Christians in Syria fear civil war and regime change
Report from Church Times on 17 February 2011.
CHRISTIANS worldwide should pray for comprehensive dialogue as the only way of ending the violence in Syria, said the Revd Nadim Nassar, the Syrian-born director of the Awareness Foundation in London. “All the parties involved in the crisis there need to come to their senses and find a way out of the deadlock,” he said.
Mr Nassar was speaking on Monday, as reports from Syria spoke of further clashes between the army and opponents of the regime — some now carrying arms — with the focus on the town of Homs. On Wednesday morning, when Homs was under attack for the 13th successive day, Syrian government forces extended their offensive to Hama. Tanks shelled a number of civilian neighbourhoods, including one where dissident groups from the army, now siding with the opposition, had gathered.
More than 7000 people — including an estimated 2000 members of the security forces — have been killed since the unrest began nearly a year ago. Despite the fevered diplomatic activity at the Arab League and the United Nations, there is no indication of how the crisis will be resolved.
“I feel passionately that the killing will end only when people start to talk to each other,” Mr Nassar said. Lebanon and Northern Ireland were two examples that bear this out, he believed: “When I hear statesmen like Obama and Hague speaking, I find it shocking to see that dialogue is not on the agenda. People must talk to their enemies. These statesmen should be putting pressure on the Syrian opposition and telling them to sit down with the regime in a neutral place, put all their cards on the table, and try to find a solution.”
Mr Nassar was not optimistic about the likely success of the current measures being taken and contemplated against Syria. “I don’t believe that sanctions will work,” he said. “Sanctions hurt only normal people on the street, not the regimes. We saw this clearly in Libya.” Nor did he see any hope in the idea of a joint Arab-UN peacekeeping force, “because such a force could only enter Syria with the consent of the government, and that will never be forthcoming.”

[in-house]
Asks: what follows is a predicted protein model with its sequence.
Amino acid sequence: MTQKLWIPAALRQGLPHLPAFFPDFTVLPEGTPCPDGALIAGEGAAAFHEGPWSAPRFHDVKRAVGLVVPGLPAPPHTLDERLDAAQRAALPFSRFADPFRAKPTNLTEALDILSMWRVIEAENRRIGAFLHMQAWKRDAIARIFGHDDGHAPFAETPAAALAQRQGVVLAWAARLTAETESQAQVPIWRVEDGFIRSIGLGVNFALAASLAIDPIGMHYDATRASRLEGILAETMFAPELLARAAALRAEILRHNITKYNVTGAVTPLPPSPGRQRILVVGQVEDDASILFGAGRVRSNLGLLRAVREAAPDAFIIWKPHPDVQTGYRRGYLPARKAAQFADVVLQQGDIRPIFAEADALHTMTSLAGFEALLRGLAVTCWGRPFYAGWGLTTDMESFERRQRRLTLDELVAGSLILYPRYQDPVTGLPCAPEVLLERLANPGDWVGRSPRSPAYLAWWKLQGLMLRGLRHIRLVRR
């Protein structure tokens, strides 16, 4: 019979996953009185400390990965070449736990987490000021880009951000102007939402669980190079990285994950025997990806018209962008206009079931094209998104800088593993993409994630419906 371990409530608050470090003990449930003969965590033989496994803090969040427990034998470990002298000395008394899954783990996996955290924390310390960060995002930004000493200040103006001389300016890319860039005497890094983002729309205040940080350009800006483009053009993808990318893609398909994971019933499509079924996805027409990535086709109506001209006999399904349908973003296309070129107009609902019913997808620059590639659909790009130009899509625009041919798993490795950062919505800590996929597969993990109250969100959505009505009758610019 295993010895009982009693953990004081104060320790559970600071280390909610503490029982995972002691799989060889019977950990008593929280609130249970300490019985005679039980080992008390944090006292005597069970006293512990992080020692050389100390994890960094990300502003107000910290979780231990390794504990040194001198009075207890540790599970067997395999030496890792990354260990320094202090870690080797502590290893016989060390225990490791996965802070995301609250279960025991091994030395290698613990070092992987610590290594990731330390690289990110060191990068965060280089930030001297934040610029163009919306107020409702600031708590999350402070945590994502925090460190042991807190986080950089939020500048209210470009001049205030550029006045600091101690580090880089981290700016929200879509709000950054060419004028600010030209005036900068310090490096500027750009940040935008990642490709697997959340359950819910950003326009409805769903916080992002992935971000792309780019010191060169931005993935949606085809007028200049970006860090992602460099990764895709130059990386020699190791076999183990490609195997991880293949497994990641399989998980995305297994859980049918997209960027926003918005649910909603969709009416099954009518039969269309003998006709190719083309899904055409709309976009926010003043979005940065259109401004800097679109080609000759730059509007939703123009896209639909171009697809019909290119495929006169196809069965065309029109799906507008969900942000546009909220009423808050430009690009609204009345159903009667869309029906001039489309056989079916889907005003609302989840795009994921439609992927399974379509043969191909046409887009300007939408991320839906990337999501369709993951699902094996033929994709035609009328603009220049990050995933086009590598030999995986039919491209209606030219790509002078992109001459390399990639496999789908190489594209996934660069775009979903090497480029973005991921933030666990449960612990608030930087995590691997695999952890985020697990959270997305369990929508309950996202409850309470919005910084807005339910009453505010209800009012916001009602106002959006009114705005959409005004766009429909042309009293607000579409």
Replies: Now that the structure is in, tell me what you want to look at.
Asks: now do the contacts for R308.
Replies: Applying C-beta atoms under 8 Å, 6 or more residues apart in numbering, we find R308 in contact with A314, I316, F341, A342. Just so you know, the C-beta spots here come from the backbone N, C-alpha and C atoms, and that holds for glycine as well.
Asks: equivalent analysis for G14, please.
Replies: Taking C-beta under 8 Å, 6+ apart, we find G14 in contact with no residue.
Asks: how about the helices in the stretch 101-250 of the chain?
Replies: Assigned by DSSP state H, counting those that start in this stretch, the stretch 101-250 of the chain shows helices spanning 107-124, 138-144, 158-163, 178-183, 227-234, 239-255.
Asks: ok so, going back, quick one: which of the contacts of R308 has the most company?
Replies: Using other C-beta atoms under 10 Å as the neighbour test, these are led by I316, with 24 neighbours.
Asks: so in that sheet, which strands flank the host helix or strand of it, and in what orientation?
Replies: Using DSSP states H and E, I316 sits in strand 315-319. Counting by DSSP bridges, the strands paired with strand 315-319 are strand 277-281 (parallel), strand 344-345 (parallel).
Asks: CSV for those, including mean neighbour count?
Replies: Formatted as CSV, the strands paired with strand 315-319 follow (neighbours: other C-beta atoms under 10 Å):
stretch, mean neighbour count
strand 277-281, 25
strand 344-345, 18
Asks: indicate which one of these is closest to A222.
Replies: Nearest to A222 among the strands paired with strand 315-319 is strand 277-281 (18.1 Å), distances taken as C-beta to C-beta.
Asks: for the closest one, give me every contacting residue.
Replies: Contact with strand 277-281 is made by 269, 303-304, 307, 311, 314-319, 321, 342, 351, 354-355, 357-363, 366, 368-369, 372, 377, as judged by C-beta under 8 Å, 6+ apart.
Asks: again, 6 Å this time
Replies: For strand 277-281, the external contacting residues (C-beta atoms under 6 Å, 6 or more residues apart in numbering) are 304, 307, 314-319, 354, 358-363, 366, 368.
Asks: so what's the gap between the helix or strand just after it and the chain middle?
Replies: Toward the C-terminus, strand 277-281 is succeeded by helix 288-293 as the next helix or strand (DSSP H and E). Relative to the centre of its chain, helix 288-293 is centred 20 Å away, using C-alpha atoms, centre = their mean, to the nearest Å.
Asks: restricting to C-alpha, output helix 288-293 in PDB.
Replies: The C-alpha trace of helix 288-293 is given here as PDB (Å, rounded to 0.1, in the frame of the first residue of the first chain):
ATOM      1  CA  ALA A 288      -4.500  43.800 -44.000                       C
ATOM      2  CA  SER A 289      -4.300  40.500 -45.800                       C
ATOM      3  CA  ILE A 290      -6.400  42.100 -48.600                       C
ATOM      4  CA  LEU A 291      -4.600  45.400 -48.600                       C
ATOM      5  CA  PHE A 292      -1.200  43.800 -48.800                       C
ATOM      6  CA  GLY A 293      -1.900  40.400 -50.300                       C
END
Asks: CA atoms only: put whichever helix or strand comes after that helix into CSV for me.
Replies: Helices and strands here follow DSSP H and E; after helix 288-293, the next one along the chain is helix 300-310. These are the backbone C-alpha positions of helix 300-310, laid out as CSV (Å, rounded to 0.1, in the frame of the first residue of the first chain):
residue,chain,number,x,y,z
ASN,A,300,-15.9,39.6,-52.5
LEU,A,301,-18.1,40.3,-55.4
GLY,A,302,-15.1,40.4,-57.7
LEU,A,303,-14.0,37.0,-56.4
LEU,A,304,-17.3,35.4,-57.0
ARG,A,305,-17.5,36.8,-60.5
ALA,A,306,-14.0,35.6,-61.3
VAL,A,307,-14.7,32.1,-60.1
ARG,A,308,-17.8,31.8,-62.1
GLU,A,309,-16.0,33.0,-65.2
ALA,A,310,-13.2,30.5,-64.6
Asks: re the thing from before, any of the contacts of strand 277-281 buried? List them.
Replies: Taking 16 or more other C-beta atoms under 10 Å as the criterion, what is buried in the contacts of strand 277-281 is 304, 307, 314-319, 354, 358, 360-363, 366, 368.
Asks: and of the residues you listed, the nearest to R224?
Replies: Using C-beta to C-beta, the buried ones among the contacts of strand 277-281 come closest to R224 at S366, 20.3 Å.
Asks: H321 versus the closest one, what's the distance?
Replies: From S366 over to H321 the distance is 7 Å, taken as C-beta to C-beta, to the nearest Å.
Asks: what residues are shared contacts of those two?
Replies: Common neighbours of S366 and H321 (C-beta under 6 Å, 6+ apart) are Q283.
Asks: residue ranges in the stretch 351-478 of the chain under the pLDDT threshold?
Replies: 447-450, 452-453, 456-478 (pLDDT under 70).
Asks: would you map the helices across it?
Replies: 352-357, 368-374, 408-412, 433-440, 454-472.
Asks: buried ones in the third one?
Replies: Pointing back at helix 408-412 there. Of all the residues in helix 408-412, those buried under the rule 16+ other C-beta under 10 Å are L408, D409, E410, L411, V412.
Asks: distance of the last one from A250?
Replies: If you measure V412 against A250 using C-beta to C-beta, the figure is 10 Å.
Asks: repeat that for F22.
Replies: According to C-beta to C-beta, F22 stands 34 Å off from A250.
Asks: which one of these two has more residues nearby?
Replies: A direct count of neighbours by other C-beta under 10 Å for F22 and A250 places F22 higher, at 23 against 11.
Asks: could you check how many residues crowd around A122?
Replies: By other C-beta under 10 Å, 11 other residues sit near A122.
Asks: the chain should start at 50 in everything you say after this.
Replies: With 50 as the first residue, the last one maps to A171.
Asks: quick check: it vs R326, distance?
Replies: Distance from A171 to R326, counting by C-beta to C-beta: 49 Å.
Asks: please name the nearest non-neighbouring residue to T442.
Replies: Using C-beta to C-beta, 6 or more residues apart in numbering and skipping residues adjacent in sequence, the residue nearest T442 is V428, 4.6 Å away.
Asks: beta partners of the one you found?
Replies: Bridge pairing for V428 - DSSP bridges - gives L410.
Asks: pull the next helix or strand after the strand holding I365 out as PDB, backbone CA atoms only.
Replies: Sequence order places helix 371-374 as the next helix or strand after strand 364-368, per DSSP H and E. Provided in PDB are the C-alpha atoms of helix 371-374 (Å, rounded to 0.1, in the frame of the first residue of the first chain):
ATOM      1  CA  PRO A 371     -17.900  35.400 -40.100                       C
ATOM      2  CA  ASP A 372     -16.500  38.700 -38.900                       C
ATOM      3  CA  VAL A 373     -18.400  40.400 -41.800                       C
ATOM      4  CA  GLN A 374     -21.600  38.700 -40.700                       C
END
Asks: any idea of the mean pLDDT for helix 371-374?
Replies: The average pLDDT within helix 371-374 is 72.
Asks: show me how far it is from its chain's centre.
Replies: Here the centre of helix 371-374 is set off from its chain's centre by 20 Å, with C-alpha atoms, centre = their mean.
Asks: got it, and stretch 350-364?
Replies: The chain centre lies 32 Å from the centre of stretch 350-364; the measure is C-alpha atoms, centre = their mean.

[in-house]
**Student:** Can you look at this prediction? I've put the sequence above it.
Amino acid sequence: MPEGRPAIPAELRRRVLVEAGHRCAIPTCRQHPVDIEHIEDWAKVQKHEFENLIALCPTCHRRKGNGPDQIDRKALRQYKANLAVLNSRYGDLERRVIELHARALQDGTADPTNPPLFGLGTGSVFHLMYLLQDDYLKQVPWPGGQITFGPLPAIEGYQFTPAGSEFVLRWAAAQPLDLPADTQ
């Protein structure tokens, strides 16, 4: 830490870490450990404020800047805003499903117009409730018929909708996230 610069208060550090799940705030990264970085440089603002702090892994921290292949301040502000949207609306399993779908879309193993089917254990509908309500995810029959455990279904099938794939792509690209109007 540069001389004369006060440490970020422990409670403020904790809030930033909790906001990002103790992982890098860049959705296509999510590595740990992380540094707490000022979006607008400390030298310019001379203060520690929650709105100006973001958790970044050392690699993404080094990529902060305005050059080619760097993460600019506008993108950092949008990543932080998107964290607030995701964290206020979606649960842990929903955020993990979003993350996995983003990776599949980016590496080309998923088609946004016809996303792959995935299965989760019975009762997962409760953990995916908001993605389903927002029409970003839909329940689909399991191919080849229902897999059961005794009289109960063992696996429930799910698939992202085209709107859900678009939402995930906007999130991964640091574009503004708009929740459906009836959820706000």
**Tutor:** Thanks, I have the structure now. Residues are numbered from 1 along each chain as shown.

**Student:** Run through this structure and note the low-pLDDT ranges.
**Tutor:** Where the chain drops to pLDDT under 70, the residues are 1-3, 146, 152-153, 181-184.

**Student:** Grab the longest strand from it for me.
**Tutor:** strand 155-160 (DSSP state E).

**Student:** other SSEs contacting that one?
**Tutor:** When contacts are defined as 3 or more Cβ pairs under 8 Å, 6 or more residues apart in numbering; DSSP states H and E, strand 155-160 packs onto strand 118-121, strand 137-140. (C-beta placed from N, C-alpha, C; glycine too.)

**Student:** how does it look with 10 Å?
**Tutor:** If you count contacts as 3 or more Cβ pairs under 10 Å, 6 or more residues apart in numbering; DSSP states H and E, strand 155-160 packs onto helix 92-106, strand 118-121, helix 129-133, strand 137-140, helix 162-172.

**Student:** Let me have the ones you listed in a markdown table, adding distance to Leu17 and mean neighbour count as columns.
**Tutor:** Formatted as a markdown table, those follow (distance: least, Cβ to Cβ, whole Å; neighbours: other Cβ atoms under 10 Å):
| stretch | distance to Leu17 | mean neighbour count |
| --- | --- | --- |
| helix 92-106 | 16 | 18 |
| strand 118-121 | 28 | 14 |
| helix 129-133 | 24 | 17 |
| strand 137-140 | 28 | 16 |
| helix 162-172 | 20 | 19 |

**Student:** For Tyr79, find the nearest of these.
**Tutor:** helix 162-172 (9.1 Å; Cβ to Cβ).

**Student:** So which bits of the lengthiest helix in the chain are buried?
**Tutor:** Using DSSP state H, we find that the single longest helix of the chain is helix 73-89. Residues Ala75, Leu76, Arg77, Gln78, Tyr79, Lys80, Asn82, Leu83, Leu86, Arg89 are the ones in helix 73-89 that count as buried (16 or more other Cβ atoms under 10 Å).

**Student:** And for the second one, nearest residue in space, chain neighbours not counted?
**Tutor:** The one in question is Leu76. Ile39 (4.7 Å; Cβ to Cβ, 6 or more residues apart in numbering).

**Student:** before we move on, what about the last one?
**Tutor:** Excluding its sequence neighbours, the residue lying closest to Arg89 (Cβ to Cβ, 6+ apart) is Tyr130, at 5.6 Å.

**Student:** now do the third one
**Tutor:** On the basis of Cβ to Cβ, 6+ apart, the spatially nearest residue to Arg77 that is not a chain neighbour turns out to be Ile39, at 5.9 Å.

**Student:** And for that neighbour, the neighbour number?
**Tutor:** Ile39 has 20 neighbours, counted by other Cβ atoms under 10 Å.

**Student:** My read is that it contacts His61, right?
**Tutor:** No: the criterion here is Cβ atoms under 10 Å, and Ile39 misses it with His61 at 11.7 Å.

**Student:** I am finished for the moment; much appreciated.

Throughout the Middle East, there is a growing fear that heavy-handed Arab diplomacy, led by Qatar and other Gulf states, looking out for their own particular interests, is pushing Syria expeditiously into civil war.
In the absence of Egypt, which is still in the throes of the aftermath of its revolution, the diplomatic hub of the Arab world has shifted to the Gulf. But this region lacks Cairo’s experience of regional diplomacy — as the faltering Gulf initiative in Syria has shown. The single-minded desire of the Gulf states to bring about regime-change in Syria, and thus break the Iranian/Shia arc of influence through the region, has blinded them to other possible consequences.
At the same time, the international community, with the EU and the US at the fore, has backed the Arab League (read: Gulf) plans for Syria because it has been unable to formulate its own version of how to stop the violence there and end President Bashar al-Assad’s rule.
The Arab League’s efforts thus far have not been impressive. The initial dispatch of observers to Syria was carried out without the preparation needed — either to clarify the terms of reference with Damascus, or to give the appointees an adequate brief of what they were supposed to achieve.
The fact that their presence failed to curb the violence was no surprise. Nor was it surprising that the Gulf-dominated Arab League chose to ignore sections of the observers’ reports detailing violence carried out by armed groups against government targets. Those sections did not match the Gulf’s agenda.
While the unrest in Syria was undoubtedly sparked a year ago by peaceful public protest, demanding an end to corruption and political reform — inspired by the Arab Spring — the agenda has since changed beyond recognition.
Usamah Qadi, a member of the Syrian National Council opposition group, says that the armed campaign against the Assad regime has entered a “more decisive stage”: people are now volunteering to join the Free Syrian Army. The bloodshed has “strengthened in their souls the vision of what was happening as tantamount to liberation from colonialism”. He said that “the Syrian regime’s brutality has surpassed that of any colonialist.”
As members of the opposition are speaking in such terms, and the Gulf states are withdrawing their ambassadors from Damascus and expelling Syrian envoys, it is now clear that the Arabs consider the diplomatic path to be closing fast, leaving civil war as the most likely — although not the most favoured — option.
Syrian Christians, like the majority of their Muslim compatriots, are meanwhile left helpless to await their fate. “Fear is rising very high among Christians and other minorities,” Mr Nassar said. “They are wondering what will happen next. They see an Islamic fundamentalist current gaining more ground, and this makes them worried. Al-Qaeda has now thrown its weight behind the opposition, and this is more worrying still.”
While accepting that minority communities have enjoyed protection under the Assad dictatorship, Mr Nassar said: “It would be wrong for me as a Christian to hide behind the regime because it is protecting me. I should be protected by society as a whole in my capacity as a Syrian citizen, regardless of my religion. It’s the uncertainty over whether any new regime will guarantee this that’s contributing to the fear.”